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N-try tree

In the method of making a decision tree , it is common to say "binary tree (also called a binary tree)" and there are always two branches. A relatively easy library to use in R or Python is binary tree.

There is a method called N-try tree (N-branch tree) in the world, and the number of branches can be any number of 2 or more.
Decision Tree

Binary trees are inconvenient

In my case, the decision tree is used as a tool for exploring quantitative hypotheses, but it is strict unless it is an N-try tree.

First of all, it is very inconvenient to have to consider the phenomenon in a combination of two divisions according to the result of the decision tree. Even if you can think about it, it is very difficult to get people who do not know the decision tree to understand it in the same way.

Also, in the case of binary trees, the same X often appears in multiple layers, but this makes the relationship between the tree and the mechanism of the phenomenon tight.

Relationship between binary tree and N-try tree

It seems that some people think that "a binary tree can express the same thing as an N-try tree in terms of content." Mathematically and logically, even so, it is very inconvenient in practice.

Even if the binary tree method is used, it may be good to have a mechanism to reconstruct the completed tree according to the structure of human cognition.


CHAID is an old method of N-try tree. By the way, I realized that "decision trees are useful!" After I started using CHAID.

CHAID is a mechanism to perform innumerable independence tests (chi-square test).

Therefore, explanatory variables deal with qualitative data. If you want to use quantitative data for the explanatory variables, you can use it by performing one-dimensional clustering and converting it to qualitative data.

* With R CHAID, you need to write the code to convert the quantitative data. IBM's SPSS Modeler contains CHAID, which seems to include the ability to automatically convert quantitative data to qualitative data.

A feature of CHAID is that even if there is a clear difference, it will not branch if the N number is small. This feature is useful because it keeps the branches from becoming finer indiscriminately.

J48 / C4.5 / C5.0

J48 and C4.5 seem to be the same thing.

Explanatory variables can be used both quantitatively and qualitatively. Qualitative data will be N-ary, and quantitative data will be binary, so it is not suitable if you expect N-ary for quantitative data, but unlike CHAID, it is for quantitative data. It is convenient that no preprocessing is required.



Examples of R is in the page, Decision tree by R .

Weka J48

J48 is one of the methods that can be used with Weka. It seems that you can use RWeka in R, but RWeka requires Java settings to be installed. If it's not mandatory to run in R, I think Weka is easier and better.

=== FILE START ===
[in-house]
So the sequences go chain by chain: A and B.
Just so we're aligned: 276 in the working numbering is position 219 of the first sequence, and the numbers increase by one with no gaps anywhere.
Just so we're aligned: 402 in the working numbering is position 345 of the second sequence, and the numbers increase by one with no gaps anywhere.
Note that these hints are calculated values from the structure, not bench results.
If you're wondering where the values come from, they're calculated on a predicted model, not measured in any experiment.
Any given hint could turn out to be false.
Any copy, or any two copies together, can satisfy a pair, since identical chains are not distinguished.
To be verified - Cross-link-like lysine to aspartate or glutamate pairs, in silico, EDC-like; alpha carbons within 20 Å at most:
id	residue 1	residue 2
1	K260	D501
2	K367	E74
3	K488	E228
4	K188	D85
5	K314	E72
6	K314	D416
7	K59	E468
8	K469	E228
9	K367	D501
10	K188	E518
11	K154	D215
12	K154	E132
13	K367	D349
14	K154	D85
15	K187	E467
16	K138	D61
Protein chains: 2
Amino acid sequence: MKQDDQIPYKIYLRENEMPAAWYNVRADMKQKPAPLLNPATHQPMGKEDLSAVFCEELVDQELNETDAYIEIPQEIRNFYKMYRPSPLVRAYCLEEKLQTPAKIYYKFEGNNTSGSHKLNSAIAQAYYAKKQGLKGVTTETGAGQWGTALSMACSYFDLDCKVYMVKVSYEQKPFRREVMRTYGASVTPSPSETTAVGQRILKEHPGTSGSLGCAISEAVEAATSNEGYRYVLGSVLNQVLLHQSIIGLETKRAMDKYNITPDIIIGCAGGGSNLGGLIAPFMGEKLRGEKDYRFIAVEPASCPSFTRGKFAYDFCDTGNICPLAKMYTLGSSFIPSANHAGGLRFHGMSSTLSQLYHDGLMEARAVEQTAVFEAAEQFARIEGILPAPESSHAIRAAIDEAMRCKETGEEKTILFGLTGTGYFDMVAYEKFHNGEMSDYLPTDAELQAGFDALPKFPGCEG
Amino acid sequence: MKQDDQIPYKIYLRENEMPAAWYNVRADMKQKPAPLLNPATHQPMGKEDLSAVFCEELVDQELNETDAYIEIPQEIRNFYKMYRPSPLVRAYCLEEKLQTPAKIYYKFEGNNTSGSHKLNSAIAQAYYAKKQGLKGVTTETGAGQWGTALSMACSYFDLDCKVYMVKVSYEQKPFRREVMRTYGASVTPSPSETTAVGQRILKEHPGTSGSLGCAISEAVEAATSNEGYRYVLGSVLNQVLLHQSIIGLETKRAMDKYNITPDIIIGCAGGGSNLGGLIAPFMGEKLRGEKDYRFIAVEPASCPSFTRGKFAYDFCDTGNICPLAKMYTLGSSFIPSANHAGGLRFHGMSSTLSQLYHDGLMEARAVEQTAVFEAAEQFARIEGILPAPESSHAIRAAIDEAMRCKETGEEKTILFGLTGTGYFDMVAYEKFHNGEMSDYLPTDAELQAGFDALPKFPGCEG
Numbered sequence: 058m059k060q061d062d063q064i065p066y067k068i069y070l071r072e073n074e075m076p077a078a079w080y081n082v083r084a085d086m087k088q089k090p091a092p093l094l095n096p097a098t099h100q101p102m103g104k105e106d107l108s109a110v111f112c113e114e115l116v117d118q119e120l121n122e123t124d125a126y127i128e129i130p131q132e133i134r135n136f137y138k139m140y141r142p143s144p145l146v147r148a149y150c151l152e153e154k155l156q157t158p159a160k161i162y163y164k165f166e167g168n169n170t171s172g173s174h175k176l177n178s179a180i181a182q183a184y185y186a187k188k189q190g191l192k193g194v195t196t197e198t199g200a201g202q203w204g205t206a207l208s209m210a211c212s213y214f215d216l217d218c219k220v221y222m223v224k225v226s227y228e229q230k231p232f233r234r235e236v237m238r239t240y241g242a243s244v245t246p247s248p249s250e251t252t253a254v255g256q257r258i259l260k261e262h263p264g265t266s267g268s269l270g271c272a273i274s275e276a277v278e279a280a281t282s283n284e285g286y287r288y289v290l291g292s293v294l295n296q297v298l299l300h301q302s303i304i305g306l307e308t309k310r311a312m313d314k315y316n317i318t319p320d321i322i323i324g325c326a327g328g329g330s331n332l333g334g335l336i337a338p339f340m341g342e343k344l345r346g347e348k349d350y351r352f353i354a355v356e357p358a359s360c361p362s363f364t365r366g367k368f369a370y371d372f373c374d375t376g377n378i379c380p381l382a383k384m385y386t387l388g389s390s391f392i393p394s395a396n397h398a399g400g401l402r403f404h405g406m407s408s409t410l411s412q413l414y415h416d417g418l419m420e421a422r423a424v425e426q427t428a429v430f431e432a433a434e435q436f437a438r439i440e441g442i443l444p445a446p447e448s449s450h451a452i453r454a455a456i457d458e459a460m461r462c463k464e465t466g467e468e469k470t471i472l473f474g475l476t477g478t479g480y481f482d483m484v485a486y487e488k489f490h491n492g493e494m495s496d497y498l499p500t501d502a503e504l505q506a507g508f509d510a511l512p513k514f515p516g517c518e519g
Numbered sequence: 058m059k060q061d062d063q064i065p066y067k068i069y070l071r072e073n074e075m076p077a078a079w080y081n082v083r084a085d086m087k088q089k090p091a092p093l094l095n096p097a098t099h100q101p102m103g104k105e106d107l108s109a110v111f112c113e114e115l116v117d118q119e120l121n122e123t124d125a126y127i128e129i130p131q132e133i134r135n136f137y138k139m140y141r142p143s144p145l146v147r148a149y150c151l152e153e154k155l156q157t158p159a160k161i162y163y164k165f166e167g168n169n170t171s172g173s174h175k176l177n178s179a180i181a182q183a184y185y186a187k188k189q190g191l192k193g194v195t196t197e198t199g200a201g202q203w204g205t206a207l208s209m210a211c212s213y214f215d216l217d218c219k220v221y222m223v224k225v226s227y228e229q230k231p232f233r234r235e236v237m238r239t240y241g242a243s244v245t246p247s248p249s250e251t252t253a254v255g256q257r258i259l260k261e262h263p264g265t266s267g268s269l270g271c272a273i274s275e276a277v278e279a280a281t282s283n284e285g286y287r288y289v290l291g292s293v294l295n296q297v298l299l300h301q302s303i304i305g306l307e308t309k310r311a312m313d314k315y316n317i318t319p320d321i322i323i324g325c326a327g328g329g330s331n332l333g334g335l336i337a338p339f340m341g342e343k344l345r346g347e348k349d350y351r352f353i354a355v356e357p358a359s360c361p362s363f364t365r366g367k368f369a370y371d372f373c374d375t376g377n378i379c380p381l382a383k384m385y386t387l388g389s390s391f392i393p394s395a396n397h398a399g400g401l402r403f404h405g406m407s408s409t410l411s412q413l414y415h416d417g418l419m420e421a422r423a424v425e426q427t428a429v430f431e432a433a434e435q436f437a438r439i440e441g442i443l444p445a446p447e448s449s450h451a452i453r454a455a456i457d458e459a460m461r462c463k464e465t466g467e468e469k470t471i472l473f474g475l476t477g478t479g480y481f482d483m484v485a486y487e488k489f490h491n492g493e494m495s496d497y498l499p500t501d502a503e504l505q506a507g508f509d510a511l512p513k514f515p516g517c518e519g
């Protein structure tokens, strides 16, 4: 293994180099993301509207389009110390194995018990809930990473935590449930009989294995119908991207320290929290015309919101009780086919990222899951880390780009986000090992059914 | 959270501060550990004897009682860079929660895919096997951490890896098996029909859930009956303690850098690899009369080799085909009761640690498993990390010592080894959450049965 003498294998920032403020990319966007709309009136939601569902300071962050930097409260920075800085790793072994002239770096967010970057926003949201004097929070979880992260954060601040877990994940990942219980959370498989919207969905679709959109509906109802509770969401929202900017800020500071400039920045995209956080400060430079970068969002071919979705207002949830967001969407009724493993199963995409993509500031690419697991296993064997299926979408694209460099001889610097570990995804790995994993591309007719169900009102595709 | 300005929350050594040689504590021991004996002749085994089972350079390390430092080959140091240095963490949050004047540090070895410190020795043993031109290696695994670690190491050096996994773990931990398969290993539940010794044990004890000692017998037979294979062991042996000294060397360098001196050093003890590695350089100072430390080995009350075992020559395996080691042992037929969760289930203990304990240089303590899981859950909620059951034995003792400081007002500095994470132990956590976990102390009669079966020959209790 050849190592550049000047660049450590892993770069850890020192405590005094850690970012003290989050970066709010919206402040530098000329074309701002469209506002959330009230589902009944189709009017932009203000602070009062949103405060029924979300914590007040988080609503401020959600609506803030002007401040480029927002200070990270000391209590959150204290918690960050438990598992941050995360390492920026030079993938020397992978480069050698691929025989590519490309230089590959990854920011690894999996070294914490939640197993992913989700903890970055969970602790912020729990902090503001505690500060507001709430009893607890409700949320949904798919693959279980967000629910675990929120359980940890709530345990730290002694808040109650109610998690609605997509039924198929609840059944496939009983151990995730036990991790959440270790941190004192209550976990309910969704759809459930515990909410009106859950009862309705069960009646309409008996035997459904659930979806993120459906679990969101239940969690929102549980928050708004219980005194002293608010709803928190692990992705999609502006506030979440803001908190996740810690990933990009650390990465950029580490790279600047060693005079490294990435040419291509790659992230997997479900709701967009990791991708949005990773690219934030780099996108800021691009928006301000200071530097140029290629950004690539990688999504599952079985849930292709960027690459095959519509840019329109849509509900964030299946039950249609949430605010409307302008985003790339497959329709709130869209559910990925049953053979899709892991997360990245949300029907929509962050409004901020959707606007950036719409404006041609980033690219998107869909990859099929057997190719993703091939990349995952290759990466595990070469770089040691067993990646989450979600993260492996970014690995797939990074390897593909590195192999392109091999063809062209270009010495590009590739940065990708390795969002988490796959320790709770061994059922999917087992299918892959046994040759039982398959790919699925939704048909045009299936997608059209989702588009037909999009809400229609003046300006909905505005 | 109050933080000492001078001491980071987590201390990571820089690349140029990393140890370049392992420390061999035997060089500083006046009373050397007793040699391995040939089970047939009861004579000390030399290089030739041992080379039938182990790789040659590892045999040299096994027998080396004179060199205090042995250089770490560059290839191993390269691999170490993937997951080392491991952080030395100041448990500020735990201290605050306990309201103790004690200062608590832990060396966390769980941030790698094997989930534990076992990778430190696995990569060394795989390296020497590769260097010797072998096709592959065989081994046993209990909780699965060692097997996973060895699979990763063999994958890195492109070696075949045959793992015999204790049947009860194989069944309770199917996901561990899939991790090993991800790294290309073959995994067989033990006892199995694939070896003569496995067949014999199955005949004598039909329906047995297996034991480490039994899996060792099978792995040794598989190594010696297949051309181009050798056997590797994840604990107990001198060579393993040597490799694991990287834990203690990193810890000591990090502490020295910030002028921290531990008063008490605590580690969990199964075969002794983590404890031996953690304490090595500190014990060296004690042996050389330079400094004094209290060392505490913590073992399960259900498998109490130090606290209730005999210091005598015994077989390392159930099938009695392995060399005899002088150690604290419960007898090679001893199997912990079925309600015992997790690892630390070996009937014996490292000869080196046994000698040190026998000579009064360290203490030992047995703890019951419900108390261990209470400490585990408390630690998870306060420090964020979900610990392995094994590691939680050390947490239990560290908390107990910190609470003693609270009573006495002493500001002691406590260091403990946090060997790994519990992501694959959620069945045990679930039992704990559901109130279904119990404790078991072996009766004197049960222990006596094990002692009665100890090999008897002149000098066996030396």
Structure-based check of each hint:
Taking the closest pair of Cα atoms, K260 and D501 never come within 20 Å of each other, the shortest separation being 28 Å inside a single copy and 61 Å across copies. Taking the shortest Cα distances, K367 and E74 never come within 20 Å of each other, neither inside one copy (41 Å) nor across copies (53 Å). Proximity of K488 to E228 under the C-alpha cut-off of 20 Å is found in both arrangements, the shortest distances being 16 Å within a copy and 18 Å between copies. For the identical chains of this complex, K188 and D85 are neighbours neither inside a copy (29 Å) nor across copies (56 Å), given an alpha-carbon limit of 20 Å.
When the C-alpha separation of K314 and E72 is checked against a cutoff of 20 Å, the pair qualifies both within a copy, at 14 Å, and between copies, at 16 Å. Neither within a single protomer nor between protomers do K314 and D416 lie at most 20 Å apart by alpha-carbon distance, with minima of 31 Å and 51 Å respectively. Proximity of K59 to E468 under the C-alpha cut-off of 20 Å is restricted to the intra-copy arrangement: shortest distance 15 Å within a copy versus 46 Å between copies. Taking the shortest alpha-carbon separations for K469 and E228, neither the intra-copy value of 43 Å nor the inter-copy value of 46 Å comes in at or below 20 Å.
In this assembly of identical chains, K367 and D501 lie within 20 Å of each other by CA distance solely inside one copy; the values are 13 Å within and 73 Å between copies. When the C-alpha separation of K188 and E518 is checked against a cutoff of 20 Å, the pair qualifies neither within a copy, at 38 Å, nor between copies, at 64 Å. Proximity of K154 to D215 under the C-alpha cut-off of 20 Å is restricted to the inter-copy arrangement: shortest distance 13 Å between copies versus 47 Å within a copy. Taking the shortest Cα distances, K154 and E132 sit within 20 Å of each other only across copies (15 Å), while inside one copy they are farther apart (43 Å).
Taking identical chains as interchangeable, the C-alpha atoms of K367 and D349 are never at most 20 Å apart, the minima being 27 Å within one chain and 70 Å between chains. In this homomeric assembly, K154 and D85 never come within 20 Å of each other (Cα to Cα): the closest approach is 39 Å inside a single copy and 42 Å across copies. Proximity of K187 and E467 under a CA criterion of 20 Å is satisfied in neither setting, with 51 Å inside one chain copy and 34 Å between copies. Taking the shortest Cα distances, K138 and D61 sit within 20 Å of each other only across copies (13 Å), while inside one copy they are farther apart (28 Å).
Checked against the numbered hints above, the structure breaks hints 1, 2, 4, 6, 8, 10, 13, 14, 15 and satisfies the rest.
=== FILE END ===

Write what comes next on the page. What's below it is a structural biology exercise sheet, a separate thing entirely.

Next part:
The left is the result of the data created by CHAID "When quantitative data is mixed in X and Y". Quantitative data X1 was chosen and became a binary tree. On the right is the result of the sample data "wether.numeric" in Weka. It became N-try tree.
Decision Tree Decision Tree

RapidMiner's "Decision Tree"

RapidMiner has a method named "Decision Tree", but since the qualitative data is an N-decimal tree and the quantitative data is a binary tree, it is the same as C4.5 or C4. It seems that it uses an algorithm close to 5.

The left is the result of the data created by CHAID "When quantitative data is mixed in X and Y". With the default settings, branching did not occur, and when the parameter "minimal gain" 0.01 was set to 1/10 of the default value, branching occurred. The right is the result of changing the column name of Y by converting the sample data "wether.numeric" in Weka to csv format. Both became N-try tree.
Decision Tree Decision Tree


R-EDA1 is available.

The fineness of the tree when making a decision tree was left to the default, but it can become a huge tree (a tree with fine branches). In the analysis of causality, it is important what happens to the third branch, and huge trees are often unnecessary. Also, if you accept a huge tree, the calculation time can be very long. In addition, huge trees can be called overfitting and are not robust and therefore difficult to use.

Therefore, we have made it possible to set the minimum size of the branch destination. If you check "Use minimum size of splits", you can set it. If you uncheck it, it will be left to the default. For example, if "Ratio of the number of minimum size" is set to "0.1", the minimum branching will be 0.1 for the whole. With 1000 rows of data, it can never be less than 100.

The two figures below are examples when the set values ??are changed for the same data.

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